In humans, posture can provide important information on nonverbal communication and emotions. Psychological studies have shown the effects of body posture on emotions. This research can be traced back to Charles Darwin when he studied emotion and movement in man and animals. Currently, many studies have shown that certain patterns of body movements are indicative of specific emotions.

Open and closed body posture

Posture body language

An example of open posture.
  • Closed posture is a posture in which parts of the body most susceptible to trauma are obscured. These body parts are: throat, abdomenand genitals. Damage to the genitals prevents the transfer of their genes to future generations and is sometimes seen as being synonymous with death. Therefore, both humans and animals try to protect these vulnerable body parts from injury. In humans, certain behaviors may signal closed posture: Arms crossed on the chest or abdomen, hands clasped in front of the genitals, and crossing legs. Clothing may also signal closed posture: a buttoned suit, or a handbag or briefcase held in front of the person. Closed posture often gives the impression of detachment, disinterest, and hostility. Research has also shown that these behaviors usually convey unpleasant feelings. These feelings were evident when the participant had to observe the closed posture and when he or she was told to assume the posture.
  • Open posture is a posture in which the vulnerable parts of the body are exposed. The head is raised, the shirt may be unbuttoned at the neck, a bag is held on the shoulder or at the side. Open posture is often perceived as communicating a friendly and positive attitude. In an open posture the feet are spread and the head is straight. The palms are up and the hands and fingers are spread. Due to this friendly demeanor, research suggests that participants view counselors who use an open posture as more capable of providing guidance. An important element of closed or open posture of the body are the hands. Showing the palms of the hands can be a signal of open posture, especially if the hand is relaxed. Showing the back of the hand or clenching hands into fists may represent a closed posture. Hands clasped behind the back may also signal closed posture even though the front is exposed because it can give the impression of hiding something or resistance to closer contact.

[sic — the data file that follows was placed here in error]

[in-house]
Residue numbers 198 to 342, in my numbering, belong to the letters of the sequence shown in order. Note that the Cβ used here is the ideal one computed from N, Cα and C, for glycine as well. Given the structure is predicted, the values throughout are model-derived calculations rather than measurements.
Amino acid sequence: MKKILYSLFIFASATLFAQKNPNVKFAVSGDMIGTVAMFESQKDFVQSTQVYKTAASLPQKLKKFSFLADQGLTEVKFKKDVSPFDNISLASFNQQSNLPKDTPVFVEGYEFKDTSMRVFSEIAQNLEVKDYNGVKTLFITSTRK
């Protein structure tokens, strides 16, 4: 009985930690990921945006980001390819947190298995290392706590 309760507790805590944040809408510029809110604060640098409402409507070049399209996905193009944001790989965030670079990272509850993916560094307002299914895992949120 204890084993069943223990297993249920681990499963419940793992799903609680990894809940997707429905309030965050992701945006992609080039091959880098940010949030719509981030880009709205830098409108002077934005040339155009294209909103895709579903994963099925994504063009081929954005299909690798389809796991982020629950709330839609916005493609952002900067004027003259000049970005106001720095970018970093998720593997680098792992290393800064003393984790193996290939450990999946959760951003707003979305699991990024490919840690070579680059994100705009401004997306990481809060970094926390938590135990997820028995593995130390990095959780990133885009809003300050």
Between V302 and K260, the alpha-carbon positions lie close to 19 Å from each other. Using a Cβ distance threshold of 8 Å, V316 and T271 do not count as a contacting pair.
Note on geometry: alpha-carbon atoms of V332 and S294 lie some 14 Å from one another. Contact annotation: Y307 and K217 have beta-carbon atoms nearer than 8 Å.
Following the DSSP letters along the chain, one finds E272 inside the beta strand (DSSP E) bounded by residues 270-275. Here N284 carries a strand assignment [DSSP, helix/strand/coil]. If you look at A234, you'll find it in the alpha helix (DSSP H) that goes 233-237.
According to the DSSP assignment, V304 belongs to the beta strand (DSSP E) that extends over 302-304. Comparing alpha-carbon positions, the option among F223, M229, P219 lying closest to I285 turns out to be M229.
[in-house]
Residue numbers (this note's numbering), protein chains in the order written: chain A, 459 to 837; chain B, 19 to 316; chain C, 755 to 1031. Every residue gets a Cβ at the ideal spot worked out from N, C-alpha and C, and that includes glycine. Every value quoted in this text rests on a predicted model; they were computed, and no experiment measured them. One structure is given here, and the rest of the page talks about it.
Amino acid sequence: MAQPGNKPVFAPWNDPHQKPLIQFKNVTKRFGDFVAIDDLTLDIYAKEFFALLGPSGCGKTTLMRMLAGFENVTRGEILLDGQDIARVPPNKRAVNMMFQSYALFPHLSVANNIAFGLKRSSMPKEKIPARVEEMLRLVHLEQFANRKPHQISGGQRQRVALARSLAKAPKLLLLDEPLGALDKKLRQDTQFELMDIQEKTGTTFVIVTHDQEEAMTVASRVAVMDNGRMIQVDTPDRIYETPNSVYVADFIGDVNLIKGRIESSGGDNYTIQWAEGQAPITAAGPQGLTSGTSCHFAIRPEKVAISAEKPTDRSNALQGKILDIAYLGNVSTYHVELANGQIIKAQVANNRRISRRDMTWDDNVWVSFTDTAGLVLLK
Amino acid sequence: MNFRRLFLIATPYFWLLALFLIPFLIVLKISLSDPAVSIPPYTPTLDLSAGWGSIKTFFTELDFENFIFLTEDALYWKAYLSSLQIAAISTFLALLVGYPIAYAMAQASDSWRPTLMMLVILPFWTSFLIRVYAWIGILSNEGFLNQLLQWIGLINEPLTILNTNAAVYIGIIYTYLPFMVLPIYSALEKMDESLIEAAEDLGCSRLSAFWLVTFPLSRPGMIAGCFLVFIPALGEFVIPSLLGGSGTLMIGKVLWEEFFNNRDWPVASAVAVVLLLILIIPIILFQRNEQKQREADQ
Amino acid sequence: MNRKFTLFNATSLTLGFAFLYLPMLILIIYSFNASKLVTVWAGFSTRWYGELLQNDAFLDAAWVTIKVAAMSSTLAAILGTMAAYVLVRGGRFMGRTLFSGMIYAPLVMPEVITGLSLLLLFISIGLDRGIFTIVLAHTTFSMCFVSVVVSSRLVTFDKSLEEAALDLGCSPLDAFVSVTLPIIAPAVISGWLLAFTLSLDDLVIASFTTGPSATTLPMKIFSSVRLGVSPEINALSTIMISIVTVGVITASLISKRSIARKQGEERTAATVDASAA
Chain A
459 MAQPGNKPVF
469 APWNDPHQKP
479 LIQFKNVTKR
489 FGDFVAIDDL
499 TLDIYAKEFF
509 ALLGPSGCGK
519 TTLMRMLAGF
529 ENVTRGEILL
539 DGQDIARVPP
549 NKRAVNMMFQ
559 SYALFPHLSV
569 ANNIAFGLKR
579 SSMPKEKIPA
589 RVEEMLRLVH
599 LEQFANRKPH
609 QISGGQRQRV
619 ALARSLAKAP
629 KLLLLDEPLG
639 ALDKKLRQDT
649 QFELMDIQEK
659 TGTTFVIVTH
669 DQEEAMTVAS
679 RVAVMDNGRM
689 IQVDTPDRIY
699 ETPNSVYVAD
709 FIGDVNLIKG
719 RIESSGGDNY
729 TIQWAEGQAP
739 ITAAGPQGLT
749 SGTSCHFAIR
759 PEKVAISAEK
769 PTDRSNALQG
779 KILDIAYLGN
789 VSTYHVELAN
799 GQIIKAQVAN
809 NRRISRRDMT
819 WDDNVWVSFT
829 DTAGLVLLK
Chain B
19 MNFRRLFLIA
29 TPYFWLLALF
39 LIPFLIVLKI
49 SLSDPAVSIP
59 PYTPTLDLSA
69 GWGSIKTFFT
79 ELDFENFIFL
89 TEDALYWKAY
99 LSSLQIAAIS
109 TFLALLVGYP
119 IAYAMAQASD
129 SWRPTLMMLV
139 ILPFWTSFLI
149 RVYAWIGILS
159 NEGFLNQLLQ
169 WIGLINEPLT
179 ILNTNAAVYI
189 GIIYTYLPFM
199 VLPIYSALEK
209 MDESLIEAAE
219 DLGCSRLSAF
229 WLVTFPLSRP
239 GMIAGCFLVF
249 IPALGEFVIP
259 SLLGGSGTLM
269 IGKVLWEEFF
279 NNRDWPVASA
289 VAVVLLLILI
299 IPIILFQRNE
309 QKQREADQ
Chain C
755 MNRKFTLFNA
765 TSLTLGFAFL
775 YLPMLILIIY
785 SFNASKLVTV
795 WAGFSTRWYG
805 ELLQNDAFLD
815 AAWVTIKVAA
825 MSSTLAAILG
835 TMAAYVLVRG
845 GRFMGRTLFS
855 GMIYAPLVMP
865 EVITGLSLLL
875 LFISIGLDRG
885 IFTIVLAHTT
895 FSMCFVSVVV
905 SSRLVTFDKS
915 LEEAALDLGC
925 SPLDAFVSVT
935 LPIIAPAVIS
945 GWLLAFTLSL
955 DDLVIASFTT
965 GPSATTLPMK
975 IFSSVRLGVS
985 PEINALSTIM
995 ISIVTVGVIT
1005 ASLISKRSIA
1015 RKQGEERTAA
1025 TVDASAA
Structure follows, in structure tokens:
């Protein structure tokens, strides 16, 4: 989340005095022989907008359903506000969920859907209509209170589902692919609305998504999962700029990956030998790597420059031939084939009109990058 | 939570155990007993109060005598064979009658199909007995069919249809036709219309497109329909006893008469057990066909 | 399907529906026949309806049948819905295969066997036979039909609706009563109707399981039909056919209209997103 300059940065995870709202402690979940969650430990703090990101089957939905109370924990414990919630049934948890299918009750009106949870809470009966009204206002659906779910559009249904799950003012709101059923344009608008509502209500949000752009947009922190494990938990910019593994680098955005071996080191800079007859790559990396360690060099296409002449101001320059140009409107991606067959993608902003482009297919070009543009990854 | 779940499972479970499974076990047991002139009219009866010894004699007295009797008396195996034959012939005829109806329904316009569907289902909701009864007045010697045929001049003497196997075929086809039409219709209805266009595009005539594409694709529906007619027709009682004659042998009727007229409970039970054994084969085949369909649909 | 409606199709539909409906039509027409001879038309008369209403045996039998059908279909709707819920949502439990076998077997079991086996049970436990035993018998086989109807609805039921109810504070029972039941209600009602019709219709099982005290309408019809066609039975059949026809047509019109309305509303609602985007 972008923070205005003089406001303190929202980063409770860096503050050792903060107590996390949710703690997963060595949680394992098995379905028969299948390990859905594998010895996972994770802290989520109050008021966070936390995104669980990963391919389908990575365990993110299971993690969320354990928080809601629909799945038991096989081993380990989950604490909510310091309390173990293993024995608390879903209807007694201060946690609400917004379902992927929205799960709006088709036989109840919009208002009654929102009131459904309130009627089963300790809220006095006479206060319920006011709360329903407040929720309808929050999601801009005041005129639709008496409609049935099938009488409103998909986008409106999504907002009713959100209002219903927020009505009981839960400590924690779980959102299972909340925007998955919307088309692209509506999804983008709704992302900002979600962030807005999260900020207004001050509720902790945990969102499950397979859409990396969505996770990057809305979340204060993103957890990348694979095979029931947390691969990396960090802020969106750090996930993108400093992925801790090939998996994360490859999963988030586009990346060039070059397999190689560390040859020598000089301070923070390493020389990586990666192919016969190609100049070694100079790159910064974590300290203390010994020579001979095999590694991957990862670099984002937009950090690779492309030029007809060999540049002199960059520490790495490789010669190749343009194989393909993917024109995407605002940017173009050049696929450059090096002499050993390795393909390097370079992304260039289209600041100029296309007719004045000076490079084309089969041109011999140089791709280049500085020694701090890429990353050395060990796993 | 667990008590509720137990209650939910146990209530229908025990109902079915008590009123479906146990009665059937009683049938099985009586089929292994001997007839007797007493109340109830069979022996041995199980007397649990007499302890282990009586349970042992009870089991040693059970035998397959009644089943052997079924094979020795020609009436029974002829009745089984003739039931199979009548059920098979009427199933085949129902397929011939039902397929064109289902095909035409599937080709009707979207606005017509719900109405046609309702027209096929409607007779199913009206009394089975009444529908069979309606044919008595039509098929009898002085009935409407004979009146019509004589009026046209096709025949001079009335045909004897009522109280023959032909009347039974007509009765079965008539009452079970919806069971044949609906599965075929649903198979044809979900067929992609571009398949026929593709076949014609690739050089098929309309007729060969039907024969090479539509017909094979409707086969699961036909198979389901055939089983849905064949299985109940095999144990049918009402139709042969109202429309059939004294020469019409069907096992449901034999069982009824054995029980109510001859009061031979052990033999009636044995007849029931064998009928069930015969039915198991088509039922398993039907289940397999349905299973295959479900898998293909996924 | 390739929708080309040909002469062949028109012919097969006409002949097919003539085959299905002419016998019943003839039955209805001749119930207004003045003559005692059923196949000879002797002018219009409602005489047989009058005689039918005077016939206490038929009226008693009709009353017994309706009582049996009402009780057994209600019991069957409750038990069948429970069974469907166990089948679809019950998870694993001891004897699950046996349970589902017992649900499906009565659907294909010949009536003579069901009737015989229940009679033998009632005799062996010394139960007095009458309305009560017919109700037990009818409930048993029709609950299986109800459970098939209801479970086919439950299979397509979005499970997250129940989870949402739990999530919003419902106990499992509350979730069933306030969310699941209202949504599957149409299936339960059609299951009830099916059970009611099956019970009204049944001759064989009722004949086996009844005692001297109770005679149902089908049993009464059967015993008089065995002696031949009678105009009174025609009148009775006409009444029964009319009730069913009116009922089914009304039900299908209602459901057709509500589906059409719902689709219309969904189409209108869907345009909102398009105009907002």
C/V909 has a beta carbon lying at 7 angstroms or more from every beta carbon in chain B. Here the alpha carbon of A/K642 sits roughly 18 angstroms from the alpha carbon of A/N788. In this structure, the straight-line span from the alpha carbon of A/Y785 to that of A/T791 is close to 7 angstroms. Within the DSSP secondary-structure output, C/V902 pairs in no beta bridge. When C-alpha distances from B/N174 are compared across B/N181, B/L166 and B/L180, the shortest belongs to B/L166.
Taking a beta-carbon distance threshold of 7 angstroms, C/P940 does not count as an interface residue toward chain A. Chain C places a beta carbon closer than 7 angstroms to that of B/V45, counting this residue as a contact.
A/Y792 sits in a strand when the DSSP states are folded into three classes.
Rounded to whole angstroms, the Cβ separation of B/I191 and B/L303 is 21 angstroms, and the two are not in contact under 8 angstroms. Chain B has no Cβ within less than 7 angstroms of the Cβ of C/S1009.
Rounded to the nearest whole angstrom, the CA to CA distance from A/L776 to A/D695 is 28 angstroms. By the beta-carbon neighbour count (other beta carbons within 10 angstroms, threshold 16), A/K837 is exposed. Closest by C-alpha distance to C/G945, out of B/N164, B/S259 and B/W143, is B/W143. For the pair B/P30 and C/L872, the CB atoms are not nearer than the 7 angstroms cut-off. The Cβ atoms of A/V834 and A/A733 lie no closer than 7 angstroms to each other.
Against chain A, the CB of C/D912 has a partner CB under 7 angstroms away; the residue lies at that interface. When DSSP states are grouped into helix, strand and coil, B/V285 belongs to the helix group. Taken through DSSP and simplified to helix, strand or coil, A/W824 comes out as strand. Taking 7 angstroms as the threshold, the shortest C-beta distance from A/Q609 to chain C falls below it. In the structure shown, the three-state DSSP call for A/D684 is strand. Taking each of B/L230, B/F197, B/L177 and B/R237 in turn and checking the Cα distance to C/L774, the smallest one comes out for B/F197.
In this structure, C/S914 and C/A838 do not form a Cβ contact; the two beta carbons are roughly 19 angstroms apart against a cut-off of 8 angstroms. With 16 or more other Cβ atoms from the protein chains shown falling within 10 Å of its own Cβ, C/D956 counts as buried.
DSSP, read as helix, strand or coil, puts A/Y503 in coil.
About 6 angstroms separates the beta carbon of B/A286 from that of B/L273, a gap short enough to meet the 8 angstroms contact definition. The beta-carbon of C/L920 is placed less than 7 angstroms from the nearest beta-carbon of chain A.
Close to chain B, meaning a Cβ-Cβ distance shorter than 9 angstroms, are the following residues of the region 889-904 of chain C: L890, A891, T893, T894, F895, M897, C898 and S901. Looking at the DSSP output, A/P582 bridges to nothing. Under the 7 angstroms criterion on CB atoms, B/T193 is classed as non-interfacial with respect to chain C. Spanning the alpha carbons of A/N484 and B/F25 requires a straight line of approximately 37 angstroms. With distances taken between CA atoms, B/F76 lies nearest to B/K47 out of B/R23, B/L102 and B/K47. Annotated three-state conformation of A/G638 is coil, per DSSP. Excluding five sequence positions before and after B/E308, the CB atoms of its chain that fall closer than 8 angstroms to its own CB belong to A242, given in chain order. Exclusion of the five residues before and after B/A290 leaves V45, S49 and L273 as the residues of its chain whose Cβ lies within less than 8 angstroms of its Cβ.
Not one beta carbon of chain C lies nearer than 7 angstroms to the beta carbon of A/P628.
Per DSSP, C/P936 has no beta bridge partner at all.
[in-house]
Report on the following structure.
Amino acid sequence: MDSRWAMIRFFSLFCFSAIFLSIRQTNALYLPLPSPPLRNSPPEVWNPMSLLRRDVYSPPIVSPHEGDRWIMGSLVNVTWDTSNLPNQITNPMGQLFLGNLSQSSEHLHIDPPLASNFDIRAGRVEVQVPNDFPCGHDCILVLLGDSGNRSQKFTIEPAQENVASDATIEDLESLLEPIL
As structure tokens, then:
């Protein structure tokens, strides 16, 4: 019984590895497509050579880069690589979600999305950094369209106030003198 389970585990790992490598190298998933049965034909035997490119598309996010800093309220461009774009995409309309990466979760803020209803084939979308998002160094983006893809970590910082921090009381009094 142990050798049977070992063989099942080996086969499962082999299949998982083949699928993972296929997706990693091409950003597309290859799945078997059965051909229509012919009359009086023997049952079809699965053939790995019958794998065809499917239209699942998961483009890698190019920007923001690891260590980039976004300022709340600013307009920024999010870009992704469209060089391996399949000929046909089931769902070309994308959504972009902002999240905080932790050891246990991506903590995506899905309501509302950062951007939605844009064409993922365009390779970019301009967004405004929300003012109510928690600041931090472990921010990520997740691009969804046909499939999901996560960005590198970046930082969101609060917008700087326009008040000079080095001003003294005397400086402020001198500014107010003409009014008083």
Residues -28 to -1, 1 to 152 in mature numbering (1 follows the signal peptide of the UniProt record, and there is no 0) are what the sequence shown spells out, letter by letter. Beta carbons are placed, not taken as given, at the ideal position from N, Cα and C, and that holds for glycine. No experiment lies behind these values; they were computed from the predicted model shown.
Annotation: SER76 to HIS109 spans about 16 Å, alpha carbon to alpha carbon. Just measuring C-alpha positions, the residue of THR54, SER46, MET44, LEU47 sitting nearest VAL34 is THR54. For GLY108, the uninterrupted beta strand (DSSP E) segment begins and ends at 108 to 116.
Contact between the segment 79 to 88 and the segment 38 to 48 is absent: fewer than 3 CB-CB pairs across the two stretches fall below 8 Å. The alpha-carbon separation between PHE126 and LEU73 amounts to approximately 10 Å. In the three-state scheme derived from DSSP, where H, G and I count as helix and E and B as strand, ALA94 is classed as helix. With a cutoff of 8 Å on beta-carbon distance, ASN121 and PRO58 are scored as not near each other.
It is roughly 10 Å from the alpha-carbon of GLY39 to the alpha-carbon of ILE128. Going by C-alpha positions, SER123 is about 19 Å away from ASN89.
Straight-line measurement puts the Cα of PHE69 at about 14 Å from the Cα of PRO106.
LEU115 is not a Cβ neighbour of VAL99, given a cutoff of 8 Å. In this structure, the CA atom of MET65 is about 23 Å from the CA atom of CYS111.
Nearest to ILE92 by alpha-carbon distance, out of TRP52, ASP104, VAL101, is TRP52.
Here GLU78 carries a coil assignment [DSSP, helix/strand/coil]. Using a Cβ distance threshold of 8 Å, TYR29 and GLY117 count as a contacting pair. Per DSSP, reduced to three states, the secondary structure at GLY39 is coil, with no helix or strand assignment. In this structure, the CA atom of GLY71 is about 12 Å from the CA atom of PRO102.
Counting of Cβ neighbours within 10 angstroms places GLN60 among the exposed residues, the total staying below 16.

Closed and open posture also apply when seated. Crossed legs and arms can signal closed posture. As stated before, leaning forward or showing the palms of the hands can signal open posture.

Interpersonal attitudes

Interpersonal attitudes are communicated through:

  • Inclination of the body. During conversation, a person may lean slightly toward another person or tilt slightly away from him/her. This behavior is usually unconscious. An inclination towards can be an expression of sympathy and acceptance. Inclining away can signal dislike, disapproval, or a desire to end the conversation. Different inclinations of the head may carry similar meanings.
  • Similarity. During the conversation, people have an unconscious tendency to imitate others’ behavior. This happens when the conversation runs seamlessly and is enjoyable for both parties. This approximation of attitudes, gestures, and body movements can indicate the emergence of a bond and sympathy and is known as stereotyped behavior as defined by Edwin Ray Guthrie. Lack of synchronous behavior may lead to a sense that the contact is artificial, forced, or unpleasant.
  • Orientation of the body. Usually people talk directed toward each other, but not squarely face to face, which can be indicative of a confrontational stance. In conversation, the participants’ bodies are usually turned toward each other at an angle. When a person ignores someone else, they tend to ignore or avoidPosture drawing contact by showing the other person their side or back.
  • Closed or Open posture.
An example of a nonchalant posture

Posture communicating social standing

Posture can signal an individual’s position in social hierarchy.

Mood influences muscle tone, energy level, and one’s internal sense of well-being. Thus, body posture can reveal a person’s current state of mind. Anger, sadness, and disgust are by far the most recognized body postures that are indicative of emotions. Stress can affect posture subconsciously; a person under stress will often have a greater amount of muscle tension, and may also have shallow, clavicular breathing.

  • Well-being affects posture by giving it a sense of energy and balance. A person’s spine will be straight and the
  • head raised.
  • Malaise affects posture with a sense of tiredness. A person’s shoulders may droop, and the head may be bowed down or tilted to the left or right.
  • Confidence affects posture by the uprightness (or not) of one’s body

Popular literature has come to interpret postures according to the assumptions of psychoanalysis, thinking that actions such as cross arms over the breasts or crossing legs would be a symptom of a sexual complex. These beliefs, however, have very limited support in systematic research and experimentation. It is more likely that this type

Posture meaningof behavior reflects a certain style of self-presentation, rather than unconscious conflicts and complexes.


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